Tagged in: ESXi

Register Storage Providers for Virtual Volumes? Why VVOL’S?

One of the main reasons I wanted to upgrade my lab to vSphere 6.5 was to play with VVOL’s or Virtual Volumes.

Why VVOL’s? Good Question. Lets Look at what is new in Virtual Volumes.

 


 

See What’s New: vSphere Virtual Volumes

Source http://www.vmware.com/content/dam/digitalmarketing/vmware/en/pdf/products/virtualvolumes/vmware-whats-new-vsphere-virtual-volumes.pdf

 

“By transitioning from the legacy storage model to Software-Defined Storage with Virtual Volumes, customers will gain the following benefits:

 

  • Automation of storage “class-of-service” at scale: Provision virtual machines quickly across data center using a common control plane (SPBM) for automation.
  • Self-Service capabilities: Empower application administrators with cloud automation tool integration (vRealize Automation, PowerCLI, OpenStack).
  •  Simple change management using policies: Eliminate change management overhead and use policies to drive infrastructure changes.
  • Finer control of storage class of service: Match VM storage requirements exactly as needed with class of service delivered per VM.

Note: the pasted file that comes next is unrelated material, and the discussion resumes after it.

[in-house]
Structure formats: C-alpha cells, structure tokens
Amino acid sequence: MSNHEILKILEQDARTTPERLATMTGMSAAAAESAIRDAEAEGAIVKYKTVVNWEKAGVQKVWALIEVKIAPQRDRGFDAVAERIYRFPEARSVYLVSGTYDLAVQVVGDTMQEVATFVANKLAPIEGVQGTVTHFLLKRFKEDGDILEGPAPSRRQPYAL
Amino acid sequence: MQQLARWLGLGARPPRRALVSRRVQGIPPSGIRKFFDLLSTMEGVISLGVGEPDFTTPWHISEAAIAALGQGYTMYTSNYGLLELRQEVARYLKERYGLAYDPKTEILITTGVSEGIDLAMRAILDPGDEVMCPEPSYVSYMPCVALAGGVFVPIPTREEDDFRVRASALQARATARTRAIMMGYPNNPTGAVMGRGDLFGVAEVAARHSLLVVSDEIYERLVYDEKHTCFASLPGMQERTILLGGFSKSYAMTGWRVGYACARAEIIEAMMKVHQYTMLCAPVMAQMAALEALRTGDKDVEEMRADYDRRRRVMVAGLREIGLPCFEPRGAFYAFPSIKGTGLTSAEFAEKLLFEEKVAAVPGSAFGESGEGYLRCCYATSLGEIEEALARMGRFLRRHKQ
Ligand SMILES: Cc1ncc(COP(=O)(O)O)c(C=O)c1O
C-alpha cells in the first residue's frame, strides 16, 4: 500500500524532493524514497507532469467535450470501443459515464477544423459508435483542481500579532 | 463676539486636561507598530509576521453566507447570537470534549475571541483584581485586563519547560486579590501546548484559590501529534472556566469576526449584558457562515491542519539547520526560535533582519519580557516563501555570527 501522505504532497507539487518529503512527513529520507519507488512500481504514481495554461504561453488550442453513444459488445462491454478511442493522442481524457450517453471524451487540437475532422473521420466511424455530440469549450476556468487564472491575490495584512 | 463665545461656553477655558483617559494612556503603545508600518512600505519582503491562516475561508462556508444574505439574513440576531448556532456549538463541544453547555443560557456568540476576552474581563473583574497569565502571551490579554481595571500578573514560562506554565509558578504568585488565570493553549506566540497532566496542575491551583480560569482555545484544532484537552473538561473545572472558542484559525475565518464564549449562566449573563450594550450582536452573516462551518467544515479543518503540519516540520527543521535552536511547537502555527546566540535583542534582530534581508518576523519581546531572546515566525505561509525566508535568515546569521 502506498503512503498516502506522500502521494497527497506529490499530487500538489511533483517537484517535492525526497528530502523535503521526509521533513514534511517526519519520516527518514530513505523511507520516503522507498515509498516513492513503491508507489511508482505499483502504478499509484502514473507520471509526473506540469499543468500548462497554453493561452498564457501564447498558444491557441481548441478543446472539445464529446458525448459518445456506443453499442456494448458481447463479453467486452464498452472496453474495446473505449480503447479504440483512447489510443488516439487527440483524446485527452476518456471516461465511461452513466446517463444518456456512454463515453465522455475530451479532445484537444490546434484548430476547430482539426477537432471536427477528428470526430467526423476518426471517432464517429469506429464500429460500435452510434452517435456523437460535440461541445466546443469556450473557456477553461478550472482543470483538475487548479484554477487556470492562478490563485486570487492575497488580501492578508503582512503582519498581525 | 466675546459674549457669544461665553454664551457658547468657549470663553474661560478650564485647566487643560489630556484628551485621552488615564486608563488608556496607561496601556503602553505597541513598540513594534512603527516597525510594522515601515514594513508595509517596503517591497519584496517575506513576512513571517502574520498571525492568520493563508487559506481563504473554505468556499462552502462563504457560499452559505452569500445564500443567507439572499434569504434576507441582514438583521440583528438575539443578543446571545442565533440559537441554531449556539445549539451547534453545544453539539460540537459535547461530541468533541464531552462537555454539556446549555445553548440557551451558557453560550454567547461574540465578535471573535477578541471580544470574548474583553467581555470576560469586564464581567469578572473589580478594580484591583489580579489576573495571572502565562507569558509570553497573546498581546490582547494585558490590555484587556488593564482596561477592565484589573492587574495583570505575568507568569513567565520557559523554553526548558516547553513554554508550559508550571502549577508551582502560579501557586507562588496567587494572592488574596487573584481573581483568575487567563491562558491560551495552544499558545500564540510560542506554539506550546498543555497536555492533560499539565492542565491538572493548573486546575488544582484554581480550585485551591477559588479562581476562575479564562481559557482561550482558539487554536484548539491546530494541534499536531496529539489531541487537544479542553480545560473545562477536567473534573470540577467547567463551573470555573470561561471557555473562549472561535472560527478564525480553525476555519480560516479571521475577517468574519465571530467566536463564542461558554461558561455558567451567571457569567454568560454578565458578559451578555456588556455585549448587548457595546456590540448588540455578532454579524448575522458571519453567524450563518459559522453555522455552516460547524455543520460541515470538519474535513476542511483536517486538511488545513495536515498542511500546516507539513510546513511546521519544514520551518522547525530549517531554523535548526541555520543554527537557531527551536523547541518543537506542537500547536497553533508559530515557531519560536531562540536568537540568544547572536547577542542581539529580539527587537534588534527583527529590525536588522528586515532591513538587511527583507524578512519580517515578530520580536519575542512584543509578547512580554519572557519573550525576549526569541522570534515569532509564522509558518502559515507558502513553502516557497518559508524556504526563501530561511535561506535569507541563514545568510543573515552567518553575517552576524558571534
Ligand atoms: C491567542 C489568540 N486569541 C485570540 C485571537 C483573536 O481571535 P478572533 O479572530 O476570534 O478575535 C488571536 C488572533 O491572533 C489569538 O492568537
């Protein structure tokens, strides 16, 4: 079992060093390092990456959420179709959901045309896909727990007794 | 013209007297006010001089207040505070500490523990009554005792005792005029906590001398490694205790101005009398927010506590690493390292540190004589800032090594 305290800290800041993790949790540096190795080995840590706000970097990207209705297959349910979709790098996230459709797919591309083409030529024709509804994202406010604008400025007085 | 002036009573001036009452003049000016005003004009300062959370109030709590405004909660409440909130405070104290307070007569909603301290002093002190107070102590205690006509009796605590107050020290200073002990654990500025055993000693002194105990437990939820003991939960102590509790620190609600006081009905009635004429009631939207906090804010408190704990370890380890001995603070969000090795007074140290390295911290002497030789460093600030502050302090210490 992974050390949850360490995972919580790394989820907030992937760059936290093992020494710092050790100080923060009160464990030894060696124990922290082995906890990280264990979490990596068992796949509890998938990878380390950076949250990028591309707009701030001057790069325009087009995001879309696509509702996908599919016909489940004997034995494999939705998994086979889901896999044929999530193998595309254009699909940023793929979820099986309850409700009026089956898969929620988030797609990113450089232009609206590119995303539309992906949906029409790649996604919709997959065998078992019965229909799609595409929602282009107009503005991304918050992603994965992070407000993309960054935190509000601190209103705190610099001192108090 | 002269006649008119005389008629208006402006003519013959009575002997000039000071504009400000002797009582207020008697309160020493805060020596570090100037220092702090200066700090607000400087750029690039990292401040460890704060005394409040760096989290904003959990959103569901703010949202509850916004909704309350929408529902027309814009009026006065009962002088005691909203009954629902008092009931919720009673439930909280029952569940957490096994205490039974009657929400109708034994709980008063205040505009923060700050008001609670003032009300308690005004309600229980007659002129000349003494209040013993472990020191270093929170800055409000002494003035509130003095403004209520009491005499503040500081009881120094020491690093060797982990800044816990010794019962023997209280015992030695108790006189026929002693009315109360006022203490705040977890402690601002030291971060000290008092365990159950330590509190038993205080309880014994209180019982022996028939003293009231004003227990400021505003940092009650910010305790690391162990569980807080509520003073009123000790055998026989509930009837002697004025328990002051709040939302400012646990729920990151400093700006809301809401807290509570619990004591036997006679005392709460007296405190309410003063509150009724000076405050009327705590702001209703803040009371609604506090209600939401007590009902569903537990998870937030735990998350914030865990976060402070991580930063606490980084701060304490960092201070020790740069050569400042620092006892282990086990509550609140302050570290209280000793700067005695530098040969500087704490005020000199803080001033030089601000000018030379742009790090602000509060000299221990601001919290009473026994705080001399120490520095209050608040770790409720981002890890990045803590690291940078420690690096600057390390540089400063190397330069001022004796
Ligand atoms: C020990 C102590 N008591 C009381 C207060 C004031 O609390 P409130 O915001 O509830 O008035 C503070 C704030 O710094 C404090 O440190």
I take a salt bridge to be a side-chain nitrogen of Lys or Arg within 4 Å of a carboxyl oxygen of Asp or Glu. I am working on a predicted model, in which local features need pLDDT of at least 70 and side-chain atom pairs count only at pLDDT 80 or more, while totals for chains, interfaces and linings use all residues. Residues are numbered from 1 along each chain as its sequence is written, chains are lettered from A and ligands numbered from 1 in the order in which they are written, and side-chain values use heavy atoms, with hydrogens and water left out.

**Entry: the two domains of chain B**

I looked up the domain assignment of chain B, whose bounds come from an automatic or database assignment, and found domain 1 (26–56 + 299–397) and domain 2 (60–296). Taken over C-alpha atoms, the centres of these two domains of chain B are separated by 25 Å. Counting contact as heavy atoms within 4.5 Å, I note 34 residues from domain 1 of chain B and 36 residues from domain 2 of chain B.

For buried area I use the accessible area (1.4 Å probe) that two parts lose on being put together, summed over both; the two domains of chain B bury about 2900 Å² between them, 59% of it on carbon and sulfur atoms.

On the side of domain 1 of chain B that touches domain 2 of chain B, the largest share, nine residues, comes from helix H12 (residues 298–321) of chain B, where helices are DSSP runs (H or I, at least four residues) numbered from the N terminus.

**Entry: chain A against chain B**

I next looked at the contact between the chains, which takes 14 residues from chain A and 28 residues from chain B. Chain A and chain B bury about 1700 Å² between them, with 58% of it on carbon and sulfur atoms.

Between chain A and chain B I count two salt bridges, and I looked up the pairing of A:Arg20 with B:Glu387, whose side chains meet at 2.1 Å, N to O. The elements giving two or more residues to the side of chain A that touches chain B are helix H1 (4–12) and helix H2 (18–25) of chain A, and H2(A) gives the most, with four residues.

• Effective monitoring/troubleshooting with per VM visibility: Gain visibility on individual VM performance and storage consumption.
  • Non-disruptive transition: Use existing protocols (Fiber channel, ISCSI, NFS) across heterogeneous storage devices.
  • Safeguard existing investment: Use existing resources more efficiently with an operational model that eliminates inefficient static and rigid storage constructs.

Sounds good, Since I have a Solidfire in my lab that supports it, and it’s enabled. Whats first?

 


 

The first step is to Register the Storage Provider.

 

“Your Virtual Volumes environment must include storage providers, also called VASA providers. Typically, third-party vendors develop storage providers through the VMware APIs for Storage Awareness (VASA). Storage providers facilitate communication between vSphere and the storage side. You must register the storage provider in vCenter Server to be able to work with Virtual Volumes.